Menzies Distribution is to ‘accelerate’ its diversification into other markets than newspapers and magazines, but has vowed that the newstrade will remain its priority.
Newly released annual results for the year ending 31 December 2022 reveal a £28.1m fall in revenue to £915.5m. Operating profits dropped even more sharply to £3.7m, £8.9m lower than the year before.
Revenue from newspapers and magazines fell by 6.6% but the wholesaler claimed a greater share being made up of one-shot magazines and stickers was partly offsetting the decline through a higher margin mix.
Diversification was the main theme of the report, with plans to ramp up efforts to find new opportunities outside of the newstrade, especially in ‘final mile out-of-home delivery’. One example was parcel firm InPost acquiring a share of Menzies earlier this year. Menzies claimed: “‘This move may also benefit the Group’s important independent retailer customer base through the launch of a new over-the-counter parcel collection service resulting in increased footfall and a new source of income for those retailers.”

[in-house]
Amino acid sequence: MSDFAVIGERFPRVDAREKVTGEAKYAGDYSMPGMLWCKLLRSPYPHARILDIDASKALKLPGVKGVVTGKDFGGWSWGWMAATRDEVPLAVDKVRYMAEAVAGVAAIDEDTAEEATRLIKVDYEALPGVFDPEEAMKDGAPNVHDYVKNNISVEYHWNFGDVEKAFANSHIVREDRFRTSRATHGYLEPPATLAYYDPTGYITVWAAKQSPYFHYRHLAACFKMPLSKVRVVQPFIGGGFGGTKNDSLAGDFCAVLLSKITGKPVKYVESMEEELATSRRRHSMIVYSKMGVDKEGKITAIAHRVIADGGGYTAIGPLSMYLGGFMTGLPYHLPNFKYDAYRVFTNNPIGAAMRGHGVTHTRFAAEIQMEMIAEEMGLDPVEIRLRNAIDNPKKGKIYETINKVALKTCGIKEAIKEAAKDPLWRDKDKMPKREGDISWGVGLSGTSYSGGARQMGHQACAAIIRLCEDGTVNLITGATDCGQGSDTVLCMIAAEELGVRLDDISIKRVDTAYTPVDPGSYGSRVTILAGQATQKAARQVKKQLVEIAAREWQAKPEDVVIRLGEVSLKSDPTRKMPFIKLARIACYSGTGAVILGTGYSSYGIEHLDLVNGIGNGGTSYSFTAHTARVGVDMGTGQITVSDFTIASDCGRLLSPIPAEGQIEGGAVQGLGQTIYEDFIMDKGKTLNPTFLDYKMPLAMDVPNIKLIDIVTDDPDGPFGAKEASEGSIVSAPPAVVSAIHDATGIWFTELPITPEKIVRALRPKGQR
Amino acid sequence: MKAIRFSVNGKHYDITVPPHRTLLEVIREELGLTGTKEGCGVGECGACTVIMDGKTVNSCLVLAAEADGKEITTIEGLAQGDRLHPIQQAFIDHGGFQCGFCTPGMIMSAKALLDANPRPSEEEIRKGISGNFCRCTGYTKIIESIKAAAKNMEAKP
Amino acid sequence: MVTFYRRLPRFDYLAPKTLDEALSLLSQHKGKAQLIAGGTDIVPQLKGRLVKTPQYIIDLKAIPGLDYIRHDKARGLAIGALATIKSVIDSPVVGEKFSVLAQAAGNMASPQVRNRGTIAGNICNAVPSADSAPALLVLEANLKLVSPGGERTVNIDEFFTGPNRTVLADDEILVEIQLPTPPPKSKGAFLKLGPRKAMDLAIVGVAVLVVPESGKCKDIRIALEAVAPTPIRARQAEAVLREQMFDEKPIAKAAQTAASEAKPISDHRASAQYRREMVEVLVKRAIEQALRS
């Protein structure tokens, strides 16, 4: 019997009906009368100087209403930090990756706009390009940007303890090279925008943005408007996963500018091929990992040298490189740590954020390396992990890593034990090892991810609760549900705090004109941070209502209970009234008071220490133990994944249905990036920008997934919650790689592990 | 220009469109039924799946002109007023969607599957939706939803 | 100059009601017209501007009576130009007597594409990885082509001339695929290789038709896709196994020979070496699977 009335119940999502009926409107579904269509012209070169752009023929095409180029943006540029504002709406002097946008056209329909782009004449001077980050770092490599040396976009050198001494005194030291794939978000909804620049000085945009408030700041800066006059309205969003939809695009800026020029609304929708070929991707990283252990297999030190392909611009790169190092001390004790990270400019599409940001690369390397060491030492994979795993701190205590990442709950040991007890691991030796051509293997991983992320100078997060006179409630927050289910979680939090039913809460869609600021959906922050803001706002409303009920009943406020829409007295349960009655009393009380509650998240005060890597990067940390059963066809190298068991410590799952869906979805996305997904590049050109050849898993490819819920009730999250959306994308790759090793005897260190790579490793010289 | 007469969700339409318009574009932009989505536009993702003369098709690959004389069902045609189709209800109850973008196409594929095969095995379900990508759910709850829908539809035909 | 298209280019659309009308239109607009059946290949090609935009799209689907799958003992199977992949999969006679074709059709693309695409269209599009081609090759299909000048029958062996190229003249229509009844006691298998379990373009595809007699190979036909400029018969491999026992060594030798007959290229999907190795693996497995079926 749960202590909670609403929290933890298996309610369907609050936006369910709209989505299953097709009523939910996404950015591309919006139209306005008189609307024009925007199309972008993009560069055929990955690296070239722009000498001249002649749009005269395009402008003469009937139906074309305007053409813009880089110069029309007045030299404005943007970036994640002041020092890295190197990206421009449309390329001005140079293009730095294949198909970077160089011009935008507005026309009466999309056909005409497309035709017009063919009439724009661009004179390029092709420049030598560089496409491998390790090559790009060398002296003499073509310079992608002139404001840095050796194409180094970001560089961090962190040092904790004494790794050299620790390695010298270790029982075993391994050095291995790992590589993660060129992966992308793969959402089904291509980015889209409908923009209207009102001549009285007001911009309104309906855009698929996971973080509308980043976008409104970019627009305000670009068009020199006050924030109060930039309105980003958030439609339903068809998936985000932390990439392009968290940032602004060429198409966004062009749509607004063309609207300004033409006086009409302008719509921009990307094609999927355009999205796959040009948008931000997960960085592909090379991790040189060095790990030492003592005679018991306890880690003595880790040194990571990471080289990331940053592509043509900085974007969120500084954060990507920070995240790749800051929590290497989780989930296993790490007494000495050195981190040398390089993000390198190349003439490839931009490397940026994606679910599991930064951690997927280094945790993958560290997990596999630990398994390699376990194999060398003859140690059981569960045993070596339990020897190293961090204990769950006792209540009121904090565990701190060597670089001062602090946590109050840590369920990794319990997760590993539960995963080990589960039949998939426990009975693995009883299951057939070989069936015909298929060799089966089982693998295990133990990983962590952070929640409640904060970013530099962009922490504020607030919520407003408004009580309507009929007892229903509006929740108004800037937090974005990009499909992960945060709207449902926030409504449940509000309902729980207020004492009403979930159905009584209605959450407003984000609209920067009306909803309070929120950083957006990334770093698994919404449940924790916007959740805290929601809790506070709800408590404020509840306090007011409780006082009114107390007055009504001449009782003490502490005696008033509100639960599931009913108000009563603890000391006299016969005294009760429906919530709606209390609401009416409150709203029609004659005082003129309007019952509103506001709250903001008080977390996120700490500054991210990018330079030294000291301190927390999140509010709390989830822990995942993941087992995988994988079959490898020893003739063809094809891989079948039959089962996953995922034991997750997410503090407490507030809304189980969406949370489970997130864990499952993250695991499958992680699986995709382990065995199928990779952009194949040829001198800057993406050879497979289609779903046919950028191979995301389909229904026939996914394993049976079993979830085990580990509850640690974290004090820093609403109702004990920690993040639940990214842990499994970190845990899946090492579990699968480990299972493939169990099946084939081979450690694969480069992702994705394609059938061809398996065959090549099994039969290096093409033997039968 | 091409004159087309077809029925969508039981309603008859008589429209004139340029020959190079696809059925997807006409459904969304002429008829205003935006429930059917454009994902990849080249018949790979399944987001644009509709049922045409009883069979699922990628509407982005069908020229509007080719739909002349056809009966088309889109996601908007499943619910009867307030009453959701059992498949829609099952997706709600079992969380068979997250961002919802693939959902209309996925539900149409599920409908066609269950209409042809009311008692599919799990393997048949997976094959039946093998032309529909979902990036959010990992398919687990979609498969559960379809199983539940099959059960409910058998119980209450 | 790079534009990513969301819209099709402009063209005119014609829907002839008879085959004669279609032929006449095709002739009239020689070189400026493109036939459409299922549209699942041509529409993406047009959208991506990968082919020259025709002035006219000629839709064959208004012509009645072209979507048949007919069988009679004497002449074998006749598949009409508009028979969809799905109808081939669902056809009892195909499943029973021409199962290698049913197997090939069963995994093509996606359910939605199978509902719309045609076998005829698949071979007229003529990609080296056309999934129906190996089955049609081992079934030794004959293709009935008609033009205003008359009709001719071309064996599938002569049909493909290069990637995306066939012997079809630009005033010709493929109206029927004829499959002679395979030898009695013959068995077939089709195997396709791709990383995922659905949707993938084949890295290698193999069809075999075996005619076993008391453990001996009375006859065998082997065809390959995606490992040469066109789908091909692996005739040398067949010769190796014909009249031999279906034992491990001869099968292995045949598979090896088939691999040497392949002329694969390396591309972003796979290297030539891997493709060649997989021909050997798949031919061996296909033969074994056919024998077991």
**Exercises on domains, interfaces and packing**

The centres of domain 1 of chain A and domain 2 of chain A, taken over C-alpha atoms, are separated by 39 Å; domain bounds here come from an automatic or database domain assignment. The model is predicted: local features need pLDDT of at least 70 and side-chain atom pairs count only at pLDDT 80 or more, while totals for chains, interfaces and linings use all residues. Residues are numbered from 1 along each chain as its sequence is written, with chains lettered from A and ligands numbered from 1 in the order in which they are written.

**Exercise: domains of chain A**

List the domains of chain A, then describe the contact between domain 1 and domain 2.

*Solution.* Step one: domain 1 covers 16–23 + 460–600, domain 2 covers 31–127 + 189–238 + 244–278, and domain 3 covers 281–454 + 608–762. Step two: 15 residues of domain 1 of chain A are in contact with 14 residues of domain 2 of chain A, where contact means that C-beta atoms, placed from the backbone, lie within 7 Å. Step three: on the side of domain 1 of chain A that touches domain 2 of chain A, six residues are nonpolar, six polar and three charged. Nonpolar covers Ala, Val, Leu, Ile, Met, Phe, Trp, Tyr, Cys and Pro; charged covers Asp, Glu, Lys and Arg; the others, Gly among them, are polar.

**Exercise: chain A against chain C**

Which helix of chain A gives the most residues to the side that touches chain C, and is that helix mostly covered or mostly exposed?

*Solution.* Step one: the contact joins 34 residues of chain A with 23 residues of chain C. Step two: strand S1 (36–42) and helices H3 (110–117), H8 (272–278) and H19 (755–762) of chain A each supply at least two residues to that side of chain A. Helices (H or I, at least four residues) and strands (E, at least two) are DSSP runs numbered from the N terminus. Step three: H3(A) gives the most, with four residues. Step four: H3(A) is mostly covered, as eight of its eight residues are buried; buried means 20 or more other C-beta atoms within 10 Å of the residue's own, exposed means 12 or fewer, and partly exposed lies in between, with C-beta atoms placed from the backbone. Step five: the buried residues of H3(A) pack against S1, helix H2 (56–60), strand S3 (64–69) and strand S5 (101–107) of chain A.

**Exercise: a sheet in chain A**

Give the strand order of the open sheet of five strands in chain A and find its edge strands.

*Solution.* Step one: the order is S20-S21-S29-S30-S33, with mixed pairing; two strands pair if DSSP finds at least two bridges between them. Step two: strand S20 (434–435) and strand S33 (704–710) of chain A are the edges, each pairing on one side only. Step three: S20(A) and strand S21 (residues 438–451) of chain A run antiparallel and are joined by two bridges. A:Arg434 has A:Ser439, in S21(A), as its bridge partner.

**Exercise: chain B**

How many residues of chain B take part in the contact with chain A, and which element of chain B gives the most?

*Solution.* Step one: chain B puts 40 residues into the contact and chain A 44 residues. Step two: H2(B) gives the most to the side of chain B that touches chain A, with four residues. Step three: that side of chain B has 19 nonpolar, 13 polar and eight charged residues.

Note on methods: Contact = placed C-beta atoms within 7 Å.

Menzies added the diversification would be used to protect the sustainability of delivering newspapers and magazines, and also fund ‘ongoing investment in new and innovative newstrade capabilities.”
Deals with publishers and distributors in 2023, revealed in the results, mean 93% of its newstrade revenue for 2023 and 2024 is ‘secured’, while new deals with Daily Mail Group, Seymour and Frontline guarantee Menzies’ revenues from distributing these firms’ titles through to 2028, 2030 and 2030 respectively.
The firm said newspaper and magazine packing accuracy for the year remained unchanged at 99.9% and 99.8% respectively, while deliveries to stores were on time in 92.7% of drops, up from 91.9% in 2021.
Despite industry-wide concerns around independent stores ceasing to offer newstrade products, Menzies described the closure of 132 McColl’s stores described as the ‘largest customer change event in the newstrade business in 2022.’ The administration of McColl’s cost Menzies 1.1m in debt written off.
While Menzies’ total staff increased from 2,703 to 2,817, head office staff numbers fell while the number of field staff, predominantly drivers, increased.